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Africa's Jubilee Begins Right Here

Mal Fletcher
Posted 10 August 2005
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In July, more than 200,000 people joined to together in London’s Hyde Park for the Live 8 event.

They came from all walks of life and from across the ethnic and generation divides not just to enjoy an historic musical celebration, but to collectively make a statement: ‘We believe that poverty, especially in Africa, can be ended, and we want to be a part of achieving that.’

Sir Bob Geldof, Bono of U2, and a host of other celebs and political heavyweights have lately joined forces to highlight the issue of world poverty.

If you’ve been listening to the discussion surrounding the Make Poverty History campaign and the recent Live 8 events, and have even a cursory understanding of the Bible story, you will have heard much that’s reminiscent of the biblical concept of ‘Jubilee’.

In Old Testament times, God ordained that every fiftieth year should be a year of what Jesus called ‘God’s favour’. All debts were to be cancelled; people who had lost land through debt could have it returned to them; and people living in debtors’ prisons were to be set free.

This command wasn’t always kept in Israel, yet Jubilee still stands as a reminder of how God acts and thinks.

I’ve visited Africa – mainly the south – on a number of occasions and I’ve seen a little of the poverty which has been such a feature of life for millions of people. Perhaps Jesus had those people in mind when, at the beginning of his mission, he announced his intention to proclaim Jubilee.

Christ came not to destroy the idea of Jubilee, but to extend the spirit of it to people in every nation.

The concept of Jubilee was always about more than cancelling debts. It was about correcting the unfair advantage taken in so many debt situations: the use of power and privilege, for example, to put people in debt.

Jubilee meant giving the ‘little guy’ a chance to climb out from under his mountain of debt.

Individually, you and I may not have the power to grant the most deserving African nations a year of jubilee, but you can make a difference to issues of need by adopting a Jubilee lifestyle.

The Jubilee lifestyle is characterised by a series of choices. The first is the decision to live with simplicity.

The God of Christian worldview does not call every person to take a vow of poverty -- the problem of poverty is not solved by more poverty. But we are expected and encouraged to move away from a life of excessive luxury and ease.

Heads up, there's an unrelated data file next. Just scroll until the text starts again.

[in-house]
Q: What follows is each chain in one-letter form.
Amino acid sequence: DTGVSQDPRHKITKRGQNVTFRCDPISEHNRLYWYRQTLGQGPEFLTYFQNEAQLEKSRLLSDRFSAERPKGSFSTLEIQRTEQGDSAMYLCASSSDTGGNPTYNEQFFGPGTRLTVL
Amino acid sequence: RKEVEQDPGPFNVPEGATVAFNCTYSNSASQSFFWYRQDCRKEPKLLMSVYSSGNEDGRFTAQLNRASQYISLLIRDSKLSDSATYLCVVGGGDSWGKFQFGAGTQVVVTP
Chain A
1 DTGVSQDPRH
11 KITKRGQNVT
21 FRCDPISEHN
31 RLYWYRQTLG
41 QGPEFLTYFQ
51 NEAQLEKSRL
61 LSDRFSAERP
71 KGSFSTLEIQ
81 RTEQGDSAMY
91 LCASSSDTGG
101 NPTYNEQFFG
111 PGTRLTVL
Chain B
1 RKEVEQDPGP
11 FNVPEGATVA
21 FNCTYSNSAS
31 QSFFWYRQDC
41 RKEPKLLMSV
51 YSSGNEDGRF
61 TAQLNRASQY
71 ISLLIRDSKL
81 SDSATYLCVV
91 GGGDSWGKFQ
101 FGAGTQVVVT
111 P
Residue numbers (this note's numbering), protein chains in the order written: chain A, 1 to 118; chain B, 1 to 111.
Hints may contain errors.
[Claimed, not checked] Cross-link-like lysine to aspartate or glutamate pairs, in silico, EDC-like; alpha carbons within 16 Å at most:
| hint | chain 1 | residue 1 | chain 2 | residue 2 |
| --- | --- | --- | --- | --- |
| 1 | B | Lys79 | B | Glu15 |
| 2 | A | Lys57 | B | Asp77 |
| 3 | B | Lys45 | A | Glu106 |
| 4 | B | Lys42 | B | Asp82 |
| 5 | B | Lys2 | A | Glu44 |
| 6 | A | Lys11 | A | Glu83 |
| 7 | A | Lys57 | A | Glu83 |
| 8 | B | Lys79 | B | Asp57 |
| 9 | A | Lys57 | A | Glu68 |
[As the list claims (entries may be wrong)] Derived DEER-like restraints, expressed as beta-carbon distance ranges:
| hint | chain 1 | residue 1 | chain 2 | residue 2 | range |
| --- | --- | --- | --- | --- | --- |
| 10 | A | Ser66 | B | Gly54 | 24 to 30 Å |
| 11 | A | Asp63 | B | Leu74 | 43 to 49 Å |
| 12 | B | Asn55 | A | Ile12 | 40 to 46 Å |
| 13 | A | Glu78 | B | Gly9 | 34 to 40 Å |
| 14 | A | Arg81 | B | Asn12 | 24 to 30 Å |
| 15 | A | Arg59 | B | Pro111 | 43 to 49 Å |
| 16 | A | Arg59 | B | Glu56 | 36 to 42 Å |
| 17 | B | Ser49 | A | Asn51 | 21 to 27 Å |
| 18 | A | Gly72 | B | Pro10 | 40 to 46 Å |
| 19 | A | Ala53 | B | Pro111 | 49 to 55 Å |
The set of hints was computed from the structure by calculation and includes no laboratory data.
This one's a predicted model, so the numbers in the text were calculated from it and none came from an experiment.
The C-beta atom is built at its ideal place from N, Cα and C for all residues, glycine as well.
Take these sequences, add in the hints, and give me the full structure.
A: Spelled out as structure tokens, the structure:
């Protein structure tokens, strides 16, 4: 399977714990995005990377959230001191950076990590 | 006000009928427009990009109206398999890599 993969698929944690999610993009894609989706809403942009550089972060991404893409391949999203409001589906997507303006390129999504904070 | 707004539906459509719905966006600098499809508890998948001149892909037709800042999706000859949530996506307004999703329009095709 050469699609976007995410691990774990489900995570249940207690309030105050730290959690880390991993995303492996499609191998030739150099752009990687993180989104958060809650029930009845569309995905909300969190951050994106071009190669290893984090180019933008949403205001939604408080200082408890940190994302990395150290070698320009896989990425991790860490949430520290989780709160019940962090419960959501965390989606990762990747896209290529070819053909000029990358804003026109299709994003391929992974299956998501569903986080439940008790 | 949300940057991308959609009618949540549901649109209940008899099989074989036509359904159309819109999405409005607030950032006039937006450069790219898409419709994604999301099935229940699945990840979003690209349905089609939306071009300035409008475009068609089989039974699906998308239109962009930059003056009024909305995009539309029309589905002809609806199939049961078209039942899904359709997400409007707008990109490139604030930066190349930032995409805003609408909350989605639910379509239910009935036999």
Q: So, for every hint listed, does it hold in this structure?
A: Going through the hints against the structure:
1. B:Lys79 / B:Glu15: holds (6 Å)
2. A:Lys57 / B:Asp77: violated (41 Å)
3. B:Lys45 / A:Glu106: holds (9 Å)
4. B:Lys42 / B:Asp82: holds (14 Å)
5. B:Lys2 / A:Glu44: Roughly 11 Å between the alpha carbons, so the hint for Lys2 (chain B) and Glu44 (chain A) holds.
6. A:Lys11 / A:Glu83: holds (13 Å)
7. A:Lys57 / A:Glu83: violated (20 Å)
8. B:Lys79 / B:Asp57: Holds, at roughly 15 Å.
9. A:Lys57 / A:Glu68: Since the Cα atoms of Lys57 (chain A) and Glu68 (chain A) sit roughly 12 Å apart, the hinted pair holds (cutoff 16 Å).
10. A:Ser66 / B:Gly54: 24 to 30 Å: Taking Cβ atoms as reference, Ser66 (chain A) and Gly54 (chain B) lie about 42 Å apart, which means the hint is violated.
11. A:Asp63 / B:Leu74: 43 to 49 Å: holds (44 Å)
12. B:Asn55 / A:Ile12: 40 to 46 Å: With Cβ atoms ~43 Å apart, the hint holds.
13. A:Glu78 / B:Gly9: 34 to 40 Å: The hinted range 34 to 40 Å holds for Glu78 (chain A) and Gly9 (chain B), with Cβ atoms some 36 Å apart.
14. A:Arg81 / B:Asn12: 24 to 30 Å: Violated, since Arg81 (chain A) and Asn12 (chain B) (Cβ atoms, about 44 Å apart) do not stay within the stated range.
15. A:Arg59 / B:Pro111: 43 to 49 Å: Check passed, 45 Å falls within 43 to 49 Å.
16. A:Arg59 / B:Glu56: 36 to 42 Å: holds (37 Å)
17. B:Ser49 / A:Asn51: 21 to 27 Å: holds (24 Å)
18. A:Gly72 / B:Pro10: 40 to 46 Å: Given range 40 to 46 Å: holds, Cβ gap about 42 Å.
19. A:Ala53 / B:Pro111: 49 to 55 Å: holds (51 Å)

Material comfort isn't wrong in itself, but excessive comfort encourages self-sufficient pride and kills the one form of poverty actually applauded in Christian scripture – poverty of spirit, a reliance on God for the most fundamental of our needs. Excessive comfort breeds materialistic thinking, to the point where things start to ‘own’ us.

The Christian apostle Paul made an intriguing and uncomfortable statement. ‘I don’t run without a goal,’ he said. ‘And I don’t box by beating my fists in the air. I keep my body under control and make it my slave.’

The phrase we translate ‘under control’ is, in its original Greek wordage somewhat more striking. Paul gives us a word which means to tease or annoy an opponent until he gives in or complies.

Today, we’d be tempted to re-write it this way: ‘My body keeps me under control, until I’m a slave to what it wants, when it wants it!’

Paul’s version has us regularly reminding our bodies – our material desires – who is boss.

He encourages us to ‘tease’ our desires, by not giving in too readily to material wants, so that we bring our lives into compliance with a spiritual agenda and a more generous outlook.

In a world that’s crazy about consumerism and lifestyle options, there’s something attractive about a person who lives with simplicity, placing the whole of life in subservience to a higher calling.

Jubilee lifestyle also involves contentment.

. The ancient story of Job is instructive. This wealthy and upright man lost everything he possessed in one day, through no fault of his own. All that remained to him were a few friends of the type who make you prefer your enemies!

What was Job’s first response?

When I would most likely have broken out the Muddy Water albums and sang the blues, Job turned his eyes heavenward and declared: ‘Naked I came from my mother's womb, and naked I will depart. The Lord gave and the Lord has taken away; may the name of the Lord be praised.’

Make no mistake; Job was genuinely hurting when he said this. Yet he’d learned the powerful lesson of contentment.

Being content does not mean lying down and taking whatever life dishes up to you, without a whimper. It means being grateful for what you still have, when your natural tendency might be to focus on what you've lost.

Jubilee living is also about giving ‘dangerously’. It's no credit to us, Jesus taught, if we only lend to those from whom we can expect a return. There’s nothing extraordinary about that kind of giving – it requires no great effort or commitment.

We must, by doing more than is expected, prophetically challenge the status quo and in so doing point the way to a better kind of world.

Giving dangerously means going beyond the call of duty in our support of worthy organisations and people.

What’s your view?

Can we make a difference to world poverty by changing our individual lifestyles?



Keywords: social comment | African poverty | Live 8 | Africa | poverty | world poverty | jubilee | aid | equitable trade | debt relief | Mal Fletcher | Bob Geldof | Bono

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